Figure 4 with 1 supplement see all
Loss of diaphragm muscle following timed deletion of Hgf in the pleuroperitoneal fold (PPF) fibroblast lineage.

(A–D) Upper panels: cranial view of embryonic day (E) 14.5 diaphragms stained for Myosin. Middle row panels: illustrations of muscle distribution. (A) Control PdgfraCreERT2/+; Hgf fl/+ diaphragm muscle forms two lateral wings that have not yet converged ventrally. (B) Muscleless diaphragm in PdgfraCreERT2/+; HgfΔ/flox when tamoxifen is administered at E9.0 (n = 3/3). (C) Large muscleless regions in ventral and dorsal diaphragm following tamoxifen administration at E9.5 (n = 6/6). (D) PdgfraCreERT2/+; HgfΔ/flox muscle reaches normal ventral extent when tamoxifen is administered at E10.5 (n = 11/13). (E–G) Unstained E17.5 diaphragms in cranial view. (E) Control diaphragm muscle has closed ventrally. (F) Large ventral muscleless region following HGF deletion at E10.5 (red bracket, n = 3/3). (G) Smaller ventral muscleless region following tamoxifen at E11.5 (red bracket, n = 4/4). (H) Cranial view of E14.5 PdgfraCreERT2/+; HgfΔ/flox mutant with tamoxifen administered at E9.5. Diaphragm stained for Myosin and neurofilament, indicating phrenic nerve tracks with regions of muscle (n = 3/3). Scale bars: (A–D, H) 500 μm; (E–G) 1 mm.

Figure 4—source data 1

Timed deletion of Hgf in the pleuroperitoneal fold (PPF) fibroblast lineage.

https://cdn.elifesciences.org/articles/74592/elife-74592-fig4-data1-v1.xlsx

We next sought to determine how PPF-derived HGF regulates development of the dorsal and ventral-most regions of the diaphragm muscle. Our previous studies (Merrell et al., 2015; Sefton et al., 2018) have shown that the PPFs expand dorsally and ventrally, carrying muscle as they expand, and therefore control overall morphogenesis of the diaphragm. Absence of dorsal and ventral muscle regions in Hgf mutants could result from a failure of the PPFs to expand dorsally and ventrally and thus lead to the consequent lack of dorsal and ventral diaphragm muscle. To test whether PPF expansion is aberrant following deletion of Hgf, we examined Prrx1CreTg/+; HgfΔ/fl; Rosa26LacZ/+ mice, in which we genetically labeled PPFs as they spread across the surface of the liver at E13.5. However, the PPFs reach their normal ventral extent at E13.5 following loss of Hgf (Figure 4—figure supplement 1A–C). To examine whether fibroblasts populate muscleless regions following deletion of Hgf, we stained for Pax7, MyoD, Myosin, and GFP in PdgfraCreERT2/+; HgfΔ/fl; Rosa26mTmG/+ mice at E15.5. GFP+ fibroblasts were present throughout large muscleless regions (Figure 4—figure supplement 1D–F). These data argue that the loss of ventral and dorsal muscle is not due to defects in PPF morphogenesis or survival of fibroblasts. Moreover, PPF expansion is not dependent on HGF or muscularization of the diaphragm.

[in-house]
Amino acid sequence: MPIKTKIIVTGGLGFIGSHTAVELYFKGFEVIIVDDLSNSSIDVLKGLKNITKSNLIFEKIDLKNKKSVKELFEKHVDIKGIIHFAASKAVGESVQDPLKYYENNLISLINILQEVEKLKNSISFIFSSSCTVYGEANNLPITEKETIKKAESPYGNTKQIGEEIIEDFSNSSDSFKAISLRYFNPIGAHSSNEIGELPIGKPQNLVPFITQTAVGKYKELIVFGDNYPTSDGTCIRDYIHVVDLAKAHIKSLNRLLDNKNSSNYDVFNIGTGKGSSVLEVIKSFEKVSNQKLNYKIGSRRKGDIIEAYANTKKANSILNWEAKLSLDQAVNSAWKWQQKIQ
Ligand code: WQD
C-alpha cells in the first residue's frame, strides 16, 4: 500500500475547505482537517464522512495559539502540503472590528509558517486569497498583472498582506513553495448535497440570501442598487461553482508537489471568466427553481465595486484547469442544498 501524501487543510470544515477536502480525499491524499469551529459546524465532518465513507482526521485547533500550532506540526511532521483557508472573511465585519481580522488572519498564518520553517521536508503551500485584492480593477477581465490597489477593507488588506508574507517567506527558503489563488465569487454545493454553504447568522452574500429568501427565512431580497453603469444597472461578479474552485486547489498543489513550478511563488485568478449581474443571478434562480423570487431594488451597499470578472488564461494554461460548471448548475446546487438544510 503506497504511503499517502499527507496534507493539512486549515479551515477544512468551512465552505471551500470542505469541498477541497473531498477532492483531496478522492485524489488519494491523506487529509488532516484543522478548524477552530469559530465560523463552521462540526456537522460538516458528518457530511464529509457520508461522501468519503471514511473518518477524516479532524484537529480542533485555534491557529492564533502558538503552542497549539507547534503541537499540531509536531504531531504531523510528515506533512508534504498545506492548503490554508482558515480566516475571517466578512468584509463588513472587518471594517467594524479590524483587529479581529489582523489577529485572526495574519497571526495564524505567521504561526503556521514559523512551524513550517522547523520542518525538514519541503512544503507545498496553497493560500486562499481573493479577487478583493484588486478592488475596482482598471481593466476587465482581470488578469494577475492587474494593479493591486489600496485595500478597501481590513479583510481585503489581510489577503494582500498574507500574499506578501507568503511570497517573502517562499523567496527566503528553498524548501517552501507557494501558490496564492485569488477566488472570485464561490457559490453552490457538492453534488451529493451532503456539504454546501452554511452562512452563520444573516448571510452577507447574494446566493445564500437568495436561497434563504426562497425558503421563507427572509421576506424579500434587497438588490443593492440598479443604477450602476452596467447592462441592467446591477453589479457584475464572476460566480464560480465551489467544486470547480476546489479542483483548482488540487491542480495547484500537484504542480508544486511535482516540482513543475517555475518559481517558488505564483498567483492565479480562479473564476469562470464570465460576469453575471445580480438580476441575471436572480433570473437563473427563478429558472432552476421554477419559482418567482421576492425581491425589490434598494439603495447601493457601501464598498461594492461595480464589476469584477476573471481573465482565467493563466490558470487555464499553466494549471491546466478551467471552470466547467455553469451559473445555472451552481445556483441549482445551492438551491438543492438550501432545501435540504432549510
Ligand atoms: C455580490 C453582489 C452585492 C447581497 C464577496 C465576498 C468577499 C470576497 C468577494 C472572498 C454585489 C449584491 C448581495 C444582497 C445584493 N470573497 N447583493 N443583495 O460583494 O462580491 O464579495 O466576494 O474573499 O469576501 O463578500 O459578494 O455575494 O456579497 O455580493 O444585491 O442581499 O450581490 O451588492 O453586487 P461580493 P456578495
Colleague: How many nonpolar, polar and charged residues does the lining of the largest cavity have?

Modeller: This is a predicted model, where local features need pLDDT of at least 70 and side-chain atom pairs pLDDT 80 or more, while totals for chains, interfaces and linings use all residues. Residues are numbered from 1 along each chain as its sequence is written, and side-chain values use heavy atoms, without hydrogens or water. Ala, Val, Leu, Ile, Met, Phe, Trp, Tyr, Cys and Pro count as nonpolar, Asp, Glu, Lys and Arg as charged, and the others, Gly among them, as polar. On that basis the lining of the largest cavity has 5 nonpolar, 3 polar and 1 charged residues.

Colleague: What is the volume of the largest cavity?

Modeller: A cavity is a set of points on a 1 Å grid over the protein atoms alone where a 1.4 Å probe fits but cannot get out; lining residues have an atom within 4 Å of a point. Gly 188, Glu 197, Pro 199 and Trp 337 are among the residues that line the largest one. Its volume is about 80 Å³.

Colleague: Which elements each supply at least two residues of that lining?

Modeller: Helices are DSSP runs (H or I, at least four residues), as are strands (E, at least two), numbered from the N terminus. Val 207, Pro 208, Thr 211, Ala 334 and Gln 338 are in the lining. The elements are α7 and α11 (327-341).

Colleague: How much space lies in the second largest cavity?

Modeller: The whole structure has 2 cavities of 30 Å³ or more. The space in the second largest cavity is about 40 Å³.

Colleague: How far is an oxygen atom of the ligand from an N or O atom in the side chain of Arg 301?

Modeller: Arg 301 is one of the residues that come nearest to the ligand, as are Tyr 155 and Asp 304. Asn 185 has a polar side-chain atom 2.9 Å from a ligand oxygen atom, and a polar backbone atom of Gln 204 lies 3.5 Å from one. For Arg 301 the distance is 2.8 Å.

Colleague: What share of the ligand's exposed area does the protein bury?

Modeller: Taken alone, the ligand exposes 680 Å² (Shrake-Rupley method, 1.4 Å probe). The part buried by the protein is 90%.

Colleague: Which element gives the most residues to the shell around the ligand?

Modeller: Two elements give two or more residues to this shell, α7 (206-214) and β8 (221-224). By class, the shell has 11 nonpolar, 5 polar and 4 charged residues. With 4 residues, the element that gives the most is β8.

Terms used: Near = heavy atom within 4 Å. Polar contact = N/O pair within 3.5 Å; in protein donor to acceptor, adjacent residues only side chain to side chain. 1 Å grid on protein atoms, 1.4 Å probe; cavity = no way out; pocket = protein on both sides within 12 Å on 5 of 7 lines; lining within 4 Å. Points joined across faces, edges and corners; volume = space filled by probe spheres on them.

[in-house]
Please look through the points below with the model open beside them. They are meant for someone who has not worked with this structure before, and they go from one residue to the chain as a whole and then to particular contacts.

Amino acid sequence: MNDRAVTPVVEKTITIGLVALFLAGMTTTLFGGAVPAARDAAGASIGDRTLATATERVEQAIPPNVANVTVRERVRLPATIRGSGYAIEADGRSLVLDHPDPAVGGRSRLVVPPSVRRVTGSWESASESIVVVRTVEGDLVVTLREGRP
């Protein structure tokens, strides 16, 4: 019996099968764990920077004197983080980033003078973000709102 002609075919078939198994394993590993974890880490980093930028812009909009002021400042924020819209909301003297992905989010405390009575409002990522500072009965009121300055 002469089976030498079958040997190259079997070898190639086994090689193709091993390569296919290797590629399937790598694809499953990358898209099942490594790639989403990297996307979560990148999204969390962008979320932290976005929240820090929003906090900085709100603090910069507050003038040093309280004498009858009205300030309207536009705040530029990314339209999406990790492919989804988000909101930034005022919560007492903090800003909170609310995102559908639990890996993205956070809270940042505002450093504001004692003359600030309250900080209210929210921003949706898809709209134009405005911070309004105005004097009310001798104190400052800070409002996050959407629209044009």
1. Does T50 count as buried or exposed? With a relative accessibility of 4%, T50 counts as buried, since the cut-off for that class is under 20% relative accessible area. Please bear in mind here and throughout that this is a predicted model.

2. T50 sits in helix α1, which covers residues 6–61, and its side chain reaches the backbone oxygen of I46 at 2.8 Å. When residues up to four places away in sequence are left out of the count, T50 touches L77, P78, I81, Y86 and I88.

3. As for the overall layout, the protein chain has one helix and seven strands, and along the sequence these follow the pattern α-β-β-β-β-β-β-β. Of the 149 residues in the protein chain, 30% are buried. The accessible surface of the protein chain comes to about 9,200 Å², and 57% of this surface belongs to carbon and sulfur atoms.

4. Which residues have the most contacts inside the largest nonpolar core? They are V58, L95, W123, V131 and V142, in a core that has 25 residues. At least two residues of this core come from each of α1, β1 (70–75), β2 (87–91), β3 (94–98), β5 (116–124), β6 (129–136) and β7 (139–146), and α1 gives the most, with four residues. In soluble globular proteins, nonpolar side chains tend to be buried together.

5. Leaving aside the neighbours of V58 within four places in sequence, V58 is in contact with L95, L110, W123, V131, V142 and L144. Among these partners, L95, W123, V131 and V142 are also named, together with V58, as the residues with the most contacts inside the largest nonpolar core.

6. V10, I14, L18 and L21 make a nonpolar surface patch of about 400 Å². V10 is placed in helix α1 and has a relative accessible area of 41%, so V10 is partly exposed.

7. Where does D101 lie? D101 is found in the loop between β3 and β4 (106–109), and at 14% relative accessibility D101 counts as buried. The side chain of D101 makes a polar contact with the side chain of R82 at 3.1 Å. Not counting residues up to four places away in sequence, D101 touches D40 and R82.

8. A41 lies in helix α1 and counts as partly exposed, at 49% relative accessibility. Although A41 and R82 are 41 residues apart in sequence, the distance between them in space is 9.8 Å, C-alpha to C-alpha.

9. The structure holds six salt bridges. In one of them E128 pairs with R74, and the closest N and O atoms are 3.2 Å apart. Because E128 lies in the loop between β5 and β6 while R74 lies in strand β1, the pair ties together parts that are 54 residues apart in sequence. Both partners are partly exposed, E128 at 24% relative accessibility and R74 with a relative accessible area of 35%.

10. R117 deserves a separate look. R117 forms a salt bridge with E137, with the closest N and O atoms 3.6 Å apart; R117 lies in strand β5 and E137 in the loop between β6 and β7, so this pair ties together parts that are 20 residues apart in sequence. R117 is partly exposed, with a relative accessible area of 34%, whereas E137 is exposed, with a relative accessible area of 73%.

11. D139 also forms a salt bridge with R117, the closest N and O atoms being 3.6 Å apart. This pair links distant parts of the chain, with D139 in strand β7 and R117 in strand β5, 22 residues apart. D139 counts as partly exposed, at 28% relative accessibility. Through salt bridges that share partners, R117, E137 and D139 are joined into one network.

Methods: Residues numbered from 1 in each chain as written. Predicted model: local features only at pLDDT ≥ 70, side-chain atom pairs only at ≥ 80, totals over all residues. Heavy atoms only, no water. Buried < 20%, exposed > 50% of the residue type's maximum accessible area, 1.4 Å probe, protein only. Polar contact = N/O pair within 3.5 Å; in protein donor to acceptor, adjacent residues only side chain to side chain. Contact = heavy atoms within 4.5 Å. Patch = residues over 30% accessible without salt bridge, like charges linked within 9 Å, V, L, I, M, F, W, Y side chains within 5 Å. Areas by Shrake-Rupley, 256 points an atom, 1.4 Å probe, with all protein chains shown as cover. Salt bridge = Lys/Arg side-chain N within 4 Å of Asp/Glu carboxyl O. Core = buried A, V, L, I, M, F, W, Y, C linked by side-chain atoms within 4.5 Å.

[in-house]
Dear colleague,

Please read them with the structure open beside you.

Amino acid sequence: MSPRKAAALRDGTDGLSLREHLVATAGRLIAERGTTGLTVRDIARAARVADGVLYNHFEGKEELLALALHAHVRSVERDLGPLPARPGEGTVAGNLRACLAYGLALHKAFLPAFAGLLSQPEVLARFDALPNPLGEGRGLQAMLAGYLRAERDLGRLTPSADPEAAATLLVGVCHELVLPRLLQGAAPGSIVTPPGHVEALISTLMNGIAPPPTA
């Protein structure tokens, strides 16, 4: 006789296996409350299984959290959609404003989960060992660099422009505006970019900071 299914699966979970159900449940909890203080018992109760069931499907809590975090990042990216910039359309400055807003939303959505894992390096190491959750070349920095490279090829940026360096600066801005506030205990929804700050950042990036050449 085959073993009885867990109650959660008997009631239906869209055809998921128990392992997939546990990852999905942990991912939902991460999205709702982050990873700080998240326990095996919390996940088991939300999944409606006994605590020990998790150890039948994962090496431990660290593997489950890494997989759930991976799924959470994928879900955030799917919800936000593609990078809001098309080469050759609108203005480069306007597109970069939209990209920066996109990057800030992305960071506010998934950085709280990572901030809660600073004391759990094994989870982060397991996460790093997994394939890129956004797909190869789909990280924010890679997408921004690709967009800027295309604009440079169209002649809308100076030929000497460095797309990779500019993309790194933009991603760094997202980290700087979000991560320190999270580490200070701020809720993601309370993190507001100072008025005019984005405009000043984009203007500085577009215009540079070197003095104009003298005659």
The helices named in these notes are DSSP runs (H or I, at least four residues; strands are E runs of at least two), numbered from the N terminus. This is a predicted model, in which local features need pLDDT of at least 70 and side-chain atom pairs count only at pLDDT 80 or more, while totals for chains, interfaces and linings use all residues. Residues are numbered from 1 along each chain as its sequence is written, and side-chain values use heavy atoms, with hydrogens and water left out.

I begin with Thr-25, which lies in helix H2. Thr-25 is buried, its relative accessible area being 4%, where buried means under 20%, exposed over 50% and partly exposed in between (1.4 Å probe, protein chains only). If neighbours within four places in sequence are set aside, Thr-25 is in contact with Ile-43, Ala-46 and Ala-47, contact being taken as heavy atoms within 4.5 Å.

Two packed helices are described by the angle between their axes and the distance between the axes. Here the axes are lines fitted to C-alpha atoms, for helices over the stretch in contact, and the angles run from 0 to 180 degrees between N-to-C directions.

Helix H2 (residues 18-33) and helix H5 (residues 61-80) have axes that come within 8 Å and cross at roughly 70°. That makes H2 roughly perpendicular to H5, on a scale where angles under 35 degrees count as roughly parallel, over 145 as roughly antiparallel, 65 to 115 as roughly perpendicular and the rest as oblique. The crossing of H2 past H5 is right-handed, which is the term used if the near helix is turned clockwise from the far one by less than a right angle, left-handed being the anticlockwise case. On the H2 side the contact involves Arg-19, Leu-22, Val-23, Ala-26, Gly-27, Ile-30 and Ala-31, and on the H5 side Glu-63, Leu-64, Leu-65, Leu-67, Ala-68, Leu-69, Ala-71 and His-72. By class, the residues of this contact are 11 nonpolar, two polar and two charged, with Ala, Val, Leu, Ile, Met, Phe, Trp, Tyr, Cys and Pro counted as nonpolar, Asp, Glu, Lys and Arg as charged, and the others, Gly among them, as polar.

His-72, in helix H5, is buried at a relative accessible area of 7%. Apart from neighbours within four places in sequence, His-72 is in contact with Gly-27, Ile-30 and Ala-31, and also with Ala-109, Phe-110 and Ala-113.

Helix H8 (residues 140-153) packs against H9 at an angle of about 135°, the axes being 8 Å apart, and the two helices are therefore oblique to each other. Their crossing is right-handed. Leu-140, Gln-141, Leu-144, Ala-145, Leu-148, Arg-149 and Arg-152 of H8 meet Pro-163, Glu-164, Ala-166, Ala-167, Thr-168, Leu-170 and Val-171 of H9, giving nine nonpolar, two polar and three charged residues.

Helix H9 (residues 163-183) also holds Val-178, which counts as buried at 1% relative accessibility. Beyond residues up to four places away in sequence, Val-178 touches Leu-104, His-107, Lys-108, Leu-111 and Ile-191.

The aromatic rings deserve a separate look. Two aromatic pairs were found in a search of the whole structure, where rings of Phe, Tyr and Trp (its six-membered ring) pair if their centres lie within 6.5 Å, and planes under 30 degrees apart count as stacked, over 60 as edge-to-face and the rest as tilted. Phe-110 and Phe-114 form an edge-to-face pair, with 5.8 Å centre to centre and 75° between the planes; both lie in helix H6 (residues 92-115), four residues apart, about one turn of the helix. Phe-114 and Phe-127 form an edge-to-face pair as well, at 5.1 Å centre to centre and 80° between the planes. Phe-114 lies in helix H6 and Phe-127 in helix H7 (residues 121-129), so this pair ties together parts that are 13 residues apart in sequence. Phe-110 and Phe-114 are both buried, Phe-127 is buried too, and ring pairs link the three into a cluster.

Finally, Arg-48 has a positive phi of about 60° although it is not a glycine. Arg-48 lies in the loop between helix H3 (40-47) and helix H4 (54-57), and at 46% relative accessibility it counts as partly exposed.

Development of dorsal and ventral regions of diaphragm muscle requires continuous MET signaling

Our experiments conditionally deleting Hgf after emigration of myogenic progenitors from the somites indicate that HGF/MET signaling plays additional later roles in the development of the diaphragm’s muscle. To specifically test when MET signaling is required in myogenic cells, we first deleted Met using Pax7iCre/+ or tamoxifen-inducible Pax7CreERT2 mice (Keller et al., 2004; Murphy et al., 2011), which cause Cre-mediated recombination later than Pax3Cre in a subset of embryonic myogenic progenitors as well as all fetal and adult progenitors (Hutcheson et al., 2009). Neither Pax7iCre/+; MetΔ/fl nor Pax7CreERT2/+; MetΔ/fl embryos displayed any defects in diaphragm muscularization at E14.5 or P0 (Figure 5—figure supplement 1). This may indicate that Met is not required during fetal myogenesis as Pax7 is primarily expressed in fetal myogenic progenitors. However, Met derived from embryonic Pax3+Pax7- myogenic progenitors is likely present in the muscle of these mutant diaphragms and so does not permit analysis of the consequence of Met deletion in muscle.